Hello Autumn. This wonderful season of mellow fruitfulness and crispy crunchy leaves has arrived, and my lovely quince tree is heaving with fruit. Normally I make a big batch of quince jelly with its fruit, but this year we have so many that I thought I’d cook with them too. I made a delicious Goats Cheese & Caramelised Onion Galette topped with quince – and it was oh so good!
Quince is an unusual fruit. It looks like a hard pear and is covered in fuzz. They’re not so much an eating fruit, but one you cook with. They’re most commonly found in Mediterranean and Middle Eastern cookery. Quince are perhaps most famously used in membrillo, a delicious thick paste served with cheese from Spain.
I’ve never made a galette before, I had one at a French cafe in Devon and thought that it would be a good thing to try at home. It’s a bit like an informal French tart. It’s very simple and a great thing to throw together on an Autumnal evening for a warming family meal. It looks pretty too doesn’t it?
It’s very simple, it’s a shortcrust pastry filled with whatever you fancy. I went for goats cheese and caramelised onion topped with finely sliced quince in a fresh thyme pastry crust. If you don’t have quince you could slice and apple or pear over the top and it would probably be just as good.
Goats Cheese & Caramelised Onion Galette
Try this delicious informal French tart – the perfect thing for an Autumnal supper.
For the shortcrust pastry –
225g plain flour
1 teaspoon of thyme leaves – I used fresh but dry would be fine
pinch of salt
For the filling –
150g of goats cheese
1 large onion
knob of butter
1 teaspoon of sugar
1 teaspoon of balsamic vinegar
salt & pepper
1 quince, cored and finely sliced
1. Make your pastry. Rub the butter and flour together in a bowl until they are like breadcrumbs. Add your thyme and salt and combine. Gradually add the tepid water a couple of spoons at a time into your bowl until you have a ball of dough that isn’t too sticky and wet or too dry. Wrap in clingfilm and put in the fridge to rest for half an hour or so.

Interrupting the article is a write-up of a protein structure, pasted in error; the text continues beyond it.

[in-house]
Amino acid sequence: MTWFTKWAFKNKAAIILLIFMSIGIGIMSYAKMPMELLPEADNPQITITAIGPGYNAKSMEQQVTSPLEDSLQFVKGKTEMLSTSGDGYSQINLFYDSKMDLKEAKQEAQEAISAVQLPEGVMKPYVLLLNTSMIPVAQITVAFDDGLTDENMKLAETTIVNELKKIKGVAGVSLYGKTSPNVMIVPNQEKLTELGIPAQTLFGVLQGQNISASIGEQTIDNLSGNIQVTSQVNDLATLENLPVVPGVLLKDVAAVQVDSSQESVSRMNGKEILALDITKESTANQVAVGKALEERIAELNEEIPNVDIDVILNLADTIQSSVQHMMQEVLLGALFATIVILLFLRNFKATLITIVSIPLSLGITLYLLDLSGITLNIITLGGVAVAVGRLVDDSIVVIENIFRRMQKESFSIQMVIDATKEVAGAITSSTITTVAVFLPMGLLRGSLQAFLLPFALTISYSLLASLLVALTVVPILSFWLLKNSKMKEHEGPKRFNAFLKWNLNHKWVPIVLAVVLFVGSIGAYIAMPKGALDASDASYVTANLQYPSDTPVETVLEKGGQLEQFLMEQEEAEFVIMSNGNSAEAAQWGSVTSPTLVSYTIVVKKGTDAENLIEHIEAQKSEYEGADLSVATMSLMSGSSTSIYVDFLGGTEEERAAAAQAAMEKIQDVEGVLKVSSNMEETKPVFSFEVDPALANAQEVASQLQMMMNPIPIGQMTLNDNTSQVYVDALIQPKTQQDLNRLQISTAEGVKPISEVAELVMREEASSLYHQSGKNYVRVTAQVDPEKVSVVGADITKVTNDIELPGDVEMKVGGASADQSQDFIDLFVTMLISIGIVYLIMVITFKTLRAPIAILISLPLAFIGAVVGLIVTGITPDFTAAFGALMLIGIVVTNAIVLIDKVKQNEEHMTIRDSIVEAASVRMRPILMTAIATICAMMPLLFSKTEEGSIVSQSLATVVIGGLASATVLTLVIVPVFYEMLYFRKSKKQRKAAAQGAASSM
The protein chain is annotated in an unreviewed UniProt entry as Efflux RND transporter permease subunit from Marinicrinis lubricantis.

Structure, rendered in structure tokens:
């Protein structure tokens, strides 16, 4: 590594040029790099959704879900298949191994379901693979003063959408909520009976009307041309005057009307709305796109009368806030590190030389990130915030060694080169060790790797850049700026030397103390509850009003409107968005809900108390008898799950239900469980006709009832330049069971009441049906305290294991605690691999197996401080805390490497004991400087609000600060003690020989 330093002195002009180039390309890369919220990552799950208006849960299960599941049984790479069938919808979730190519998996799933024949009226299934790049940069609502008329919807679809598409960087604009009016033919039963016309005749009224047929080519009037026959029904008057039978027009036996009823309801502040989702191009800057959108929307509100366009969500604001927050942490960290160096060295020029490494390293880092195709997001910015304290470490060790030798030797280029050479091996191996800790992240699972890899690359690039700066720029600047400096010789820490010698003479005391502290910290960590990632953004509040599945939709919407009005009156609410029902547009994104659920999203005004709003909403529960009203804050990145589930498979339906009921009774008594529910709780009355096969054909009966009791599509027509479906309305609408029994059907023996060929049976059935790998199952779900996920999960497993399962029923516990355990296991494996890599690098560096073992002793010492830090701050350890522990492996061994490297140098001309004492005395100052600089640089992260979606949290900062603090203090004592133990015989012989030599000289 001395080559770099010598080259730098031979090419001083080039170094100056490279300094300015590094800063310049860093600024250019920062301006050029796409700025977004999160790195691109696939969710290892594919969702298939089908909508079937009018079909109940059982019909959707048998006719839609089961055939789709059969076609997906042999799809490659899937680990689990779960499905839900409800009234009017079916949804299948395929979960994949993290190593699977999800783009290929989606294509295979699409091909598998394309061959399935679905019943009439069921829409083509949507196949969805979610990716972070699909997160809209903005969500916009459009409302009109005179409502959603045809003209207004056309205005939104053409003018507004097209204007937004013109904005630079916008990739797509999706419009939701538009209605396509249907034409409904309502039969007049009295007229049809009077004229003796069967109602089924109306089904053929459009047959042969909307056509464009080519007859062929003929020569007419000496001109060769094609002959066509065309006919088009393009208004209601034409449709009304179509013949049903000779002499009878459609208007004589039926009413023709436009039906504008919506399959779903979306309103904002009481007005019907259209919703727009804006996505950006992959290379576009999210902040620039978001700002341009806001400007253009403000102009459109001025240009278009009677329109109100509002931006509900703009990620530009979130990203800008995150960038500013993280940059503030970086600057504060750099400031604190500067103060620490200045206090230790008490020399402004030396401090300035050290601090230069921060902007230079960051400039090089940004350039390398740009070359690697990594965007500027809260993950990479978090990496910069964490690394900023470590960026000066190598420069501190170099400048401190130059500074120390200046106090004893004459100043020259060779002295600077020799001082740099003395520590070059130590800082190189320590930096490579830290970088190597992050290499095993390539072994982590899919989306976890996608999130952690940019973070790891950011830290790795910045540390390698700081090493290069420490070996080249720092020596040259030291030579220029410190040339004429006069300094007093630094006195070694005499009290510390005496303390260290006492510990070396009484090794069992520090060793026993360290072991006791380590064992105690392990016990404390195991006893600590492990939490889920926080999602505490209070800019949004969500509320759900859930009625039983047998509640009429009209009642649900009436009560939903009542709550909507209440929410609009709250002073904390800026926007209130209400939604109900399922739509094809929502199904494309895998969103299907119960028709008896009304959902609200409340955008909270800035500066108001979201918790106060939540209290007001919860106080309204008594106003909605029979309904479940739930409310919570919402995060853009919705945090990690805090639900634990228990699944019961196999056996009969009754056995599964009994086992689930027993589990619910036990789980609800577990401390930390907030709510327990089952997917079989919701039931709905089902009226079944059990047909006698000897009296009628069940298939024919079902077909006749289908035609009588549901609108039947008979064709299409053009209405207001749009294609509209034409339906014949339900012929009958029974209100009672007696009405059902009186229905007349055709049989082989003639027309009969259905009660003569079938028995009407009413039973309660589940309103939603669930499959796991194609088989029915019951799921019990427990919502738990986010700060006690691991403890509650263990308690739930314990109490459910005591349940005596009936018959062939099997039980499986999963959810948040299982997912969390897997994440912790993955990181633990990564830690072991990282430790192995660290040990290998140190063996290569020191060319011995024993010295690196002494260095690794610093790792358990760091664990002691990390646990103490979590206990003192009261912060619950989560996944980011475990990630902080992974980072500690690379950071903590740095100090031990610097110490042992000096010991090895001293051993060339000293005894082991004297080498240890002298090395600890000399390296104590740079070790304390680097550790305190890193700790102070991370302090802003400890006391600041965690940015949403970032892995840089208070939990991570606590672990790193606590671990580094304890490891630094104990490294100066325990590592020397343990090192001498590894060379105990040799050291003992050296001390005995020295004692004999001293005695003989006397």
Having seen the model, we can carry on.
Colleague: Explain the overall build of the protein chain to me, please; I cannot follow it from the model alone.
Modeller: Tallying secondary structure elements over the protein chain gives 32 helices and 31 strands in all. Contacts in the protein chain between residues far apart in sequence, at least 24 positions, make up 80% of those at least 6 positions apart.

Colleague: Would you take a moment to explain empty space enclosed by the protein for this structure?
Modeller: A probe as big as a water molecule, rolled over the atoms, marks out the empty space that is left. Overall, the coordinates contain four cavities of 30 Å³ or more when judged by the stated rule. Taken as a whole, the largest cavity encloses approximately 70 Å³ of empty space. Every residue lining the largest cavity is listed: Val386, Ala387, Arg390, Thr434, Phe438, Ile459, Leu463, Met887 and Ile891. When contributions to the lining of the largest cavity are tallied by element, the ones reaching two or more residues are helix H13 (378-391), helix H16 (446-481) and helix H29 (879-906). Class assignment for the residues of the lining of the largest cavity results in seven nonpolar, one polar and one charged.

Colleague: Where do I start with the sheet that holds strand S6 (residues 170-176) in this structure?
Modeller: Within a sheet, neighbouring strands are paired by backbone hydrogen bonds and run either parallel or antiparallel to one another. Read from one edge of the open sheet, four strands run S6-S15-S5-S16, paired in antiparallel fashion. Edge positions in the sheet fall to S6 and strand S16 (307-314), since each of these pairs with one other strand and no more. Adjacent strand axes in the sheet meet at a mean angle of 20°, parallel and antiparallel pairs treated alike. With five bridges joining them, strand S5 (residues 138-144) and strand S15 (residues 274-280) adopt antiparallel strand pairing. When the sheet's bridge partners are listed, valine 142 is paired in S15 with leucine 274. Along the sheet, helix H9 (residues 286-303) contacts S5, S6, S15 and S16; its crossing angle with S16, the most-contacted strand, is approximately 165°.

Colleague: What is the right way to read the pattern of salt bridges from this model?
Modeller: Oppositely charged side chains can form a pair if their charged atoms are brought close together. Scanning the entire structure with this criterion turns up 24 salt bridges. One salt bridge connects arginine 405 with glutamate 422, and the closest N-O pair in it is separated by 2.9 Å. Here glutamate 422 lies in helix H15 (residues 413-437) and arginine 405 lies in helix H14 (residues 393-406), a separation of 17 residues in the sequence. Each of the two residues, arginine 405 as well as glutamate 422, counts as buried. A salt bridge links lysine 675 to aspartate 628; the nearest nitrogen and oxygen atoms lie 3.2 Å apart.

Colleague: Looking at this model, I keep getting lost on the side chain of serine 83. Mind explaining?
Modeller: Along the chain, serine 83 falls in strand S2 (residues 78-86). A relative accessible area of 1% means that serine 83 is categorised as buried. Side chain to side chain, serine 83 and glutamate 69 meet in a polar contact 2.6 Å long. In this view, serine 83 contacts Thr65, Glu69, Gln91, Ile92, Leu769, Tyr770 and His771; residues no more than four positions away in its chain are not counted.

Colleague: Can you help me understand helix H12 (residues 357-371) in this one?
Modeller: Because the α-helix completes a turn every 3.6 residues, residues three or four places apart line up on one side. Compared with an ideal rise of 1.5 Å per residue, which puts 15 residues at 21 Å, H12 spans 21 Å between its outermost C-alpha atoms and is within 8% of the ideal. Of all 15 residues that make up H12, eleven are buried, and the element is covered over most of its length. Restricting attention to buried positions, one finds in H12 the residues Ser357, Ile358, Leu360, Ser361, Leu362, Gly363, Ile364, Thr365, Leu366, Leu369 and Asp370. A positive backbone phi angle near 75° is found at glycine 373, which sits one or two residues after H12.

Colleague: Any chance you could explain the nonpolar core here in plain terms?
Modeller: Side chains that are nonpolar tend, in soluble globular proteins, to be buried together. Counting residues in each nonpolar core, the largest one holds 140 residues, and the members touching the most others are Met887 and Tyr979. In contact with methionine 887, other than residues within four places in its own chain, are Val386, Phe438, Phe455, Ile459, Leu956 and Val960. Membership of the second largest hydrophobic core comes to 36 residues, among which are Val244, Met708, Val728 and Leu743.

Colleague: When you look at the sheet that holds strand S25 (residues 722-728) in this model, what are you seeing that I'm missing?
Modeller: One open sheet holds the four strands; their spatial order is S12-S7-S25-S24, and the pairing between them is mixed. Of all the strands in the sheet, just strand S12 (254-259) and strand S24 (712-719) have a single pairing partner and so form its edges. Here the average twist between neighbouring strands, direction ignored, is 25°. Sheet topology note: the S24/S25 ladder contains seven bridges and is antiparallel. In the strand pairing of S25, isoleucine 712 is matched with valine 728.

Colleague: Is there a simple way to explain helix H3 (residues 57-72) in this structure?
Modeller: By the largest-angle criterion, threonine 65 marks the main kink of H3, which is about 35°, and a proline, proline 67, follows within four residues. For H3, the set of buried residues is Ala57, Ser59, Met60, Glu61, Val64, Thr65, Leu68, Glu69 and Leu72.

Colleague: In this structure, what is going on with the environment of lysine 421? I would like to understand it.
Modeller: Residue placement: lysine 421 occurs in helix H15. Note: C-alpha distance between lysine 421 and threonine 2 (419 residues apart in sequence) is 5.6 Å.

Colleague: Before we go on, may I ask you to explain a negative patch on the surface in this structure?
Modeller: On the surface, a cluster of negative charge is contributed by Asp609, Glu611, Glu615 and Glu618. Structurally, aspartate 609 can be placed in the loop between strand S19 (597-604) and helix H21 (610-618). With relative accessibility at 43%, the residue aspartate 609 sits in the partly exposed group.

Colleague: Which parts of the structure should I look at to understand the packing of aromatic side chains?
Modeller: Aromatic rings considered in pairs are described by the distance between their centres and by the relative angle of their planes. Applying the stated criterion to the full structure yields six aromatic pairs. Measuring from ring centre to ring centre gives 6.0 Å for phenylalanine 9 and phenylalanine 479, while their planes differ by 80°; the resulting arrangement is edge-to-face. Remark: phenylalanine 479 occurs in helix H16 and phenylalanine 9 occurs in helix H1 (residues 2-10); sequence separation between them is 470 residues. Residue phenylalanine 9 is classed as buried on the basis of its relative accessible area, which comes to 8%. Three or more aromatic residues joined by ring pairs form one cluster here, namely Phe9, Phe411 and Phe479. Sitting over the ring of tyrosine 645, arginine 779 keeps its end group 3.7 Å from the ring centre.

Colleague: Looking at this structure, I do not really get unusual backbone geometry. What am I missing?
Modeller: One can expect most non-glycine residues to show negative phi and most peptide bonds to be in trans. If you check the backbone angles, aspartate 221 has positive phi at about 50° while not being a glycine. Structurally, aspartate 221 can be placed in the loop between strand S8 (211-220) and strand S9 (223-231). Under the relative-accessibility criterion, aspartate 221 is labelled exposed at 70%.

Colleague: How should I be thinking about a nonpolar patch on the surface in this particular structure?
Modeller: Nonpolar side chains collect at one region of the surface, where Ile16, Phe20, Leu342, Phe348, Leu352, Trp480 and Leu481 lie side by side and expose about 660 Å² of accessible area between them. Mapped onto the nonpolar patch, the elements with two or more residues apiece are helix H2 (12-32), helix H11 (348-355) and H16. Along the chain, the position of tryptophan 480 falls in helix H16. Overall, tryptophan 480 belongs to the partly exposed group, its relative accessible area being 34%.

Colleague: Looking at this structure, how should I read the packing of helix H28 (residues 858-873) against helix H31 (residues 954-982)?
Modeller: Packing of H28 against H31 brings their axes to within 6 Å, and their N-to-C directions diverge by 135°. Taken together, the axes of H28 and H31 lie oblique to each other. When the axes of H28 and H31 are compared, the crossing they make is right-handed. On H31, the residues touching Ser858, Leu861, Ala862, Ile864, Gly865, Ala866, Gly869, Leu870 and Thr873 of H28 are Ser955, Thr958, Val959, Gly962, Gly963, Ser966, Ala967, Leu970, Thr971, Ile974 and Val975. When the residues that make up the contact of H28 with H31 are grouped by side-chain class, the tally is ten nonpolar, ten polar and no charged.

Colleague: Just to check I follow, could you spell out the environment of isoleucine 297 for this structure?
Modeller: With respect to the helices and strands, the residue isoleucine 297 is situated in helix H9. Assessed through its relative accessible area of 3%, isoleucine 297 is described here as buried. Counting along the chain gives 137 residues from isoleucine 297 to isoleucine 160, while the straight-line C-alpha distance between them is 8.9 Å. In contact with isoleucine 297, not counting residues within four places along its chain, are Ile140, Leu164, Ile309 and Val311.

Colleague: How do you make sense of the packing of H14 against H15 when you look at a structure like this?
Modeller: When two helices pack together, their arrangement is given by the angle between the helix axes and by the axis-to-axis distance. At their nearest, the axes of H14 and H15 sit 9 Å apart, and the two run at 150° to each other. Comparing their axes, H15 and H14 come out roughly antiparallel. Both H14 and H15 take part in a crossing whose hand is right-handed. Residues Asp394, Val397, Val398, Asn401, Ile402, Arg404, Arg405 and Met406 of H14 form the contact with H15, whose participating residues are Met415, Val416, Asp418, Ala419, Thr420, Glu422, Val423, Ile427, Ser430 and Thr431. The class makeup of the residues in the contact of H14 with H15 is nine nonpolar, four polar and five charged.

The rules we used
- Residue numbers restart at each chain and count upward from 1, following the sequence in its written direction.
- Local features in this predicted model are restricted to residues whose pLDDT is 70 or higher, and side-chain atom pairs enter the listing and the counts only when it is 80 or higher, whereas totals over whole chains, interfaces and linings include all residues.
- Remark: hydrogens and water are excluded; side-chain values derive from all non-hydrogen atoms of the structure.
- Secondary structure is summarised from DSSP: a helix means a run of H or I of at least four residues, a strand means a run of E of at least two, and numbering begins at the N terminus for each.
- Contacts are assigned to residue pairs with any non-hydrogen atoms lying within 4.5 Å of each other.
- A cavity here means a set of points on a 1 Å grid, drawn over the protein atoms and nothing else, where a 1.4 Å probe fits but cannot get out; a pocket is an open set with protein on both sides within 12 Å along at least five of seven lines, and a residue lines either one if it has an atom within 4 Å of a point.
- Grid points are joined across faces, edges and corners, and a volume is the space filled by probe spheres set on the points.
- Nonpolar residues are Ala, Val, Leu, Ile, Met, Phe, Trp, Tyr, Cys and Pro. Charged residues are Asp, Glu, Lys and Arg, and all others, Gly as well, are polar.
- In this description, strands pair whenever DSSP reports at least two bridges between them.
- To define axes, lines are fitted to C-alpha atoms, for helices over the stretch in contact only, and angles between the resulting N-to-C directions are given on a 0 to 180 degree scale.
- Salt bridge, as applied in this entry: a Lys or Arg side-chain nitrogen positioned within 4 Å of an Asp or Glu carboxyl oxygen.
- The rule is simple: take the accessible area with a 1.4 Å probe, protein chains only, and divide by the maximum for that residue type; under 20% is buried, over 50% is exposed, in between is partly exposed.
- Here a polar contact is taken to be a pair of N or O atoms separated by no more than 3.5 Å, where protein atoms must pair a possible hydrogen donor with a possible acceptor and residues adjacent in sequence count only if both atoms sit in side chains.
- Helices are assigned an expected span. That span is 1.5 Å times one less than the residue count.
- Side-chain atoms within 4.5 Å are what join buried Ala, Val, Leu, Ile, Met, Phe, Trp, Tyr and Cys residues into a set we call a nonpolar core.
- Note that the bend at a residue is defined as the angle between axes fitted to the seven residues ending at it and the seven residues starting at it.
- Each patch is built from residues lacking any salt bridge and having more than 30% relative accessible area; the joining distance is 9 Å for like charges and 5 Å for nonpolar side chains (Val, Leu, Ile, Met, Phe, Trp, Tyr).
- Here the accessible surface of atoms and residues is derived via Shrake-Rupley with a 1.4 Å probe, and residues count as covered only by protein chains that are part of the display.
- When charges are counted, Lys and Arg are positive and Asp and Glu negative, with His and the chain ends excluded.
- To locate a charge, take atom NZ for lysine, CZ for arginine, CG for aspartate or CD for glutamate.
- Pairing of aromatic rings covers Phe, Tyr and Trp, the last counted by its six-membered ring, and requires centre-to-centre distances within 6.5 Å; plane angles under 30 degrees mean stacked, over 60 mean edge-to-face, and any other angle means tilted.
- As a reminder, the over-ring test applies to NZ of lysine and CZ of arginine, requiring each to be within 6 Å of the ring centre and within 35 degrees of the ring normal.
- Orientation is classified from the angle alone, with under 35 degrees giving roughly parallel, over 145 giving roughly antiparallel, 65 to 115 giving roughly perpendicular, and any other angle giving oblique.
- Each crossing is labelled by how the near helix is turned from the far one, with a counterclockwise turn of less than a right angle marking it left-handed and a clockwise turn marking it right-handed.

2. Finely slice your onion and fry gently until soft and golden in the knob of butter. Once soft, season and add the sugar and balsamic vinegar and cook through. Set aside to cool a little.
3. Roll out your dough until it’s about the thickness of a pound coin and roughly the shape of a circle approximately 30cm in diameter. Place on baking paper on a baking tray.
4. Slice or crumble your goats cheese (whichever works best with the cheese you’ve chosen) and place it in the middle of the pastry, leave an edge around the sides of about 6 or 7cms so you can fold the pastry up to make the classic galette shape later.
5. Top the cheese with your caramelised onions and then fan your finely sliced quince (or apple or pear) in an artistic circle on top of the onion.
6. Take a pastry brush and brush beaten egg around the visible edge of your galette. Now take a look at my picture of the finished galette. You will need to bring the sides of your galette over the sides and covering the top, leaving the middle of the galette open. Fold the sides in sections, working anti-clockwise so they roughly overlap. Gently press the folds together. It is meant to look rustic.
7. Brush with the beaten egg and dot the quince slices on the top with some butter.
8. Bake in a pre-heated oven 200°c for 45-50 minutes until golden brown.
9. Once baked, remove from the oven and leave to rest for 10 minutes, and then serve.
This serves 6 for lunch, or 4 hungry people. I served my galette with new potatoes and salad.
My goats cheese and caramelised onion galette was delicious and easy to make. I really liked how rustic and hearty it looked, and it’s always good to bring something to the table which makes everyone’s tummy rumble. The French often make sweet galettes with plums and such like, I have a feeling we’ll be eating a lot of these versatile galettes this year.